In bicycle racing legend it is now known as "the look." Lance Armstrong had been showing signs of fatigue for days when he and his rival Jan Ullrich fought out the tenth stage of the 2001 Tour de France. Ulrich had reacted to those signs by putting relentless pressure on Armstrong, and thus fatiguing himself. But no mortal and precious few Olympian deities could match Armstrong in an Alpine climb.
As the road began a steep rise toward the 21 switchback turns on the monstrous ascent of L'Alpe d'Huez, the rivals were no more than a half-wheel apart after two earlier climbs and hours in the saddle. Suddenly, Armstrong accelerated, opening a gap of about 10 yards.
Out of the saddle, his toes pointed down as he danced on the pedals, Armstrong suddenly slowed and looked over his left shoulder, his eyes fixed on Ullrich's face for four or five seconds, seemingly challenging his chief rival to match the bold move.
The German rider's eyes were shielded by sunglasses, but everything else about his expression showed despair. He jerked at his radio earpiece and grimaced as Armstrong lit the afterburners, roaring alone toward the peak.
Eight miles later, Armstrong had gained two huge minutes on the 1997 champion, sealing his third Tour victory before the three-week race was half over.
Sports Illustrated columnist Austin Murphy declared afterward that Armstrong's audacious stare "was exactly when cycling officially lost its status as a fringe sport in this country."
Armstrong's "fatigue" was, of course, partly strategy and all showmanship. It captures all that is great about a sport like cycling.
Ok, it's a stretch, but I thought of this when reading about and listening to a legendary recording session at the Rudy Van Gelder studio in Hackensack, New Jersey, on Christmas Eve, 1954. Miles Davis was the leader, as usual. The band consisted of Thelonious Monk on piano, Milt Jackson on vibes, Percy Heath on bass, and Kenny Clark on drums. Miles was never an easy person to like, and he didn't make it any easier on Monk when he insisted that Monk not play behind his solos. It was rumored that Davis actually punched Monk, but that seems not to be true. Monk later said "Miles'd got killed if he had hit me."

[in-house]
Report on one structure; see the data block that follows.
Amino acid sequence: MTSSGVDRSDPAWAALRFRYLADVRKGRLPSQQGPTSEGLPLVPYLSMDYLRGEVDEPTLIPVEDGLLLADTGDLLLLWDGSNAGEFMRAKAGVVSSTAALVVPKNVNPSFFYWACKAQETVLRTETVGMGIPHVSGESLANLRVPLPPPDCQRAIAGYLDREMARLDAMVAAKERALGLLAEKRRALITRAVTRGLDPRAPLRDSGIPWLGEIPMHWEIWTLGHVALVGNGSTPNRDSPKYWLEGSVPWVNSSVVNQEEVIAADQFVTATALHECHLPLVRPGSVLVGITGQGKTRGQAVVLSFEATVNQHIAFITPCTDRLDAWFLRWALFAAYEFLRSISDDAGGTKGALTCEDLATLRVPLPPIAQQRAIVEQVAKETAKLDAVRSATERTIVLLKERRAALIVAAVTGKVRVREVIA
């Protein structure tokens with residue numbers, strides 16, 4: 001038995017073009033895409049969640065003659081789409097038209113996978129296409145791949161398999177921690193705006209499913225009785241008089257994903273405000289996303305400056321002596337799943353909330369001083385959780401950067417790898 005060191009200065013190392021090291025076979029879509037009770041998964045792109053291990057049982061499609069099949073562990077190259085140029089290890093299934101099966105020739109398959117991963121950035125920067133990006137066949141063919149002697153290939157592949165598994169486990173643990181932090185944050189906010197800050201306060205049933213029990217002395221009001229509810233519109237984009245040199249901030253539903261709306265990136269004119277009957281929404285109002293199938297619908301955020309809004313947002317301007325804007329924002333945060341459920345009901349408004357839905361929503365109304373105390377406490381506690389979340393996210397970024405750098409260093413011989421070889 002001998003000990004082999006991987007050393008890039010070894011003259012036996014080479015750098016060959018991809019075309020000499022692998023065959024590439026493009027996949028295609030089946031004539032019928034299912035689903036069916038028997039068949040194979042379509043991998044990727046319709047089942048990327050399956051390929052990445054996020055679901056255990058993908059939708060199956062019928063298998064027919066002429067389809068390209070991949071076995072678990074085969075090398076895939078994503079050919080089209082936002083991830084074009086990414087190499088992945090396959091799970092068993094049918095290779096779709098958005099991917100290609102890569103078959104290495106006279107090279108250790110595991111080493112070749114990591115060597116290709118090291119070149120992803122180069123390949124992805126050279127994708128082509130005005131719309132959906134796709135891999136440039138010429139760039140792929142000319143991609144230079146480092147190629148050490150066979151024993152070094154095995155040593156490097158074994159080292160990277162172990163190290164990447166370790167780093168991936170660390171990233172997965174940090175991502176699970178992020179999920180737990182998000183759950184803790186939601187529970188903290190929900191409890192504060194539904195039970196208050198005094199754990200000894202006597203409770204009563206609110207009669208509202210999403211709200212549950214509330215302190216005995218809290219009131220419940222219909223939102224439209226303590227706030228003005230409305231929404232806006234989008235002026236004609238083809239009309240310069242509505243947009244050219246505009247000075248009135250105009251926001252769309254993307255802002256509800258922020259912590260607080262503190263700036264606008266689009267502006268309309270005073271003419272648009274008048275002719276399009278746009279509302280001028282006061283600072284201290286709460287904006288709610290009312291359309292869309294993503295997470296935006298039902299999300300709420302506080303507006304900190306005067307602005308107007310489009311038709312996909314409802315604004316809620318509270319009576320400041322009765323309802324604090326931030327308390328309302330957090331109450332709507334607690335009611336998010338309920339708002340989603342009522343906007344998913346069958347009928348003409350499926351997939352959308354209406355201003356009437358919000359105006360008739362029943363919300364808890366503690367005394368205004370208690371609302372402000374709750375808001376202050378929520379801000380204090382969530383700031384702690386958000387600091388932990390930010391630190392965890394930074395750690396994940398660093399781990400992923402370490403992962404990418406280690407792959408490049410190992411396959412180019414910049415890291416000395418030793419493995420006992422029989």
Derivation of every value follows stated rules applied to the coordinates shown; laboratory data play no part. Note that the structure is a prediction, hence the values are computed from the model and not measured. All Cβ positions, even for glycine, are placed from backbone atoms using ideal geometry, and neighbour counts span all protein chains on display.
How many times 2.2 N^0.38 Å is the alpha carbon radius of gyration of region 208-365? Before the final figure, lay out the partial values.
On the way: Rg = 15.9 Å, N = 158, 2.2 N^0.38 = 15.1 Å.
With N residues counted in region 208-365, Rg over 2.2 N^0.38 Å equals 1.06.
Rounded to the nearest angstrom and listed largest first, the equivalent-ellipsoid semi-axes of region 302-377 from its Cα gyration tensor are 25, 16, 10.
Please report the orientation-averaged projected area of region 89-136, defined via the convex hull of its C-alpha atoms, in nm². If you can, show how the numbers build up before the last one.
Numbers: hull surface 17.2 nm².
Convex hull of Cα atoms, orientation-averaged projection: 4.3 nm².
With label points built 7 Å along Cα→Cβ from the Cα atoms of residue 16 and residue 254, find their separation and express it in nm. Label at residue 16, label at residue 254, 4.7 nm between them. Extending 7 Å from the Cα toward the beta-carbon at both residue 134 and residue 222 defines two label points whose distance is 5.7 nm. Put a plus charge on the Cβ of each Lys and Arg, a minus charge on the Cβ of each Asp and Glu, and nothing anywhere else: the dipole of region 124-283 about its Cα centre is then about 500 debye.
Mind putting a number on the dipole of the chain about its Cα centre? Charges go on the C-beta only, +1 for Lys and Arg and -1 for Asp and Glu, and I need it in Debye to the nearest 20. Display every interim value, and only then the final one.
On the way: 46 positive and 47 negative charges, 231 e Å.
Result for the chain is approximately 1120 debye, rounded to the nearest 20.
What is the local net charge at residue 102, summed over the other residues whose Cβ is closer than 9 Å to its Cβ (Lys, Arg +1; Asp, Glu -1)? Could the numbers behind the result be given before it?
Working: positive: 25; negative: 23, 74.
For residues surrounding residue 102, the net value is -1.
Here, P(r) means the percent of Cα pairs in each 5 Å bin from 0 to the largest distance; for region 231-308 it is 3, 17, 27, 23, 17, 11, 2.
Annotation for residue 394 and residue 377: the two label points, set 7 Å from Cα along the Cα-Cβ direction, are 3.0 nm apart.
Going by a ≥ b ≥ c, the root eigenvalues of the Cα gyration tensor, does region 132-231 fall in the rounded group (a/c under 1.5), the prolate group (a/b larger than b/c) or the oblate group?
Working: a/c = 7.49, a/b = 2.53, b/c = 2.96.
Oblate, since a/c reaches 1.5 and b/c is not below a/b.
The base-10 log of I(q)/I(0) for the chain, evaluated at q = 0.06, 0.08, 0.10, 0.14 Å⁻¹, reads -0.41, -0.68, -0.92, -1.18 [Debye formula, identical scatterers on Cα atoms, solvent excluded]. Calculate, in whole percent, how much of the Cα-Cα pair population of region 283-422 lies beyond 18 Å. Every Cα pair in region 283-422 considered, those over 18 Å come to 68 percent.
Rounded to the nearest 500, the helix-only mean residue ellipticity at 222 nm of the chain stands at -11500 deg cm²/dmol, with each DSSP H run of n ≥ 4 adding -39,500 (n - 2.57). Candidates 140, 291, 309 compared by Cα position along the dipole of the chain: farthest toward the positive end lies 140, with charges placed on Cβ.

Monk did as he was instructed, but during his solo on "The Man I Love," he played a brilliant joke on Miles. He was playing at a slower tempo, but in sync with the band, when he suddenly seemed to get lost. Here is how Loren Schoenberg puts it in The NPR Curious Listener's Guide to Jazz.
Monk feigns confusion with the double meter and then miraculously finds his place precisely at the point during the bridge where the lyrics refer to someone finding someone (Monk was known for his ironic and powerful sense of humor). He then proceeds to pile it on like gangbusters, without a spec of the "difficulty" he had before.
That is the jazz nerd's version of Armstrong's look. Of course, it may be that Monk was really confused, just as Armstrong may have really been close to collapse when he miraculously revived. But I hold, along with Aristotle, that poetry is truer than history, and I have given you the poetic versions of the two events. Both stories tell you more about genius and manly virtue than any demythologized version ever could.
Listen for yourself: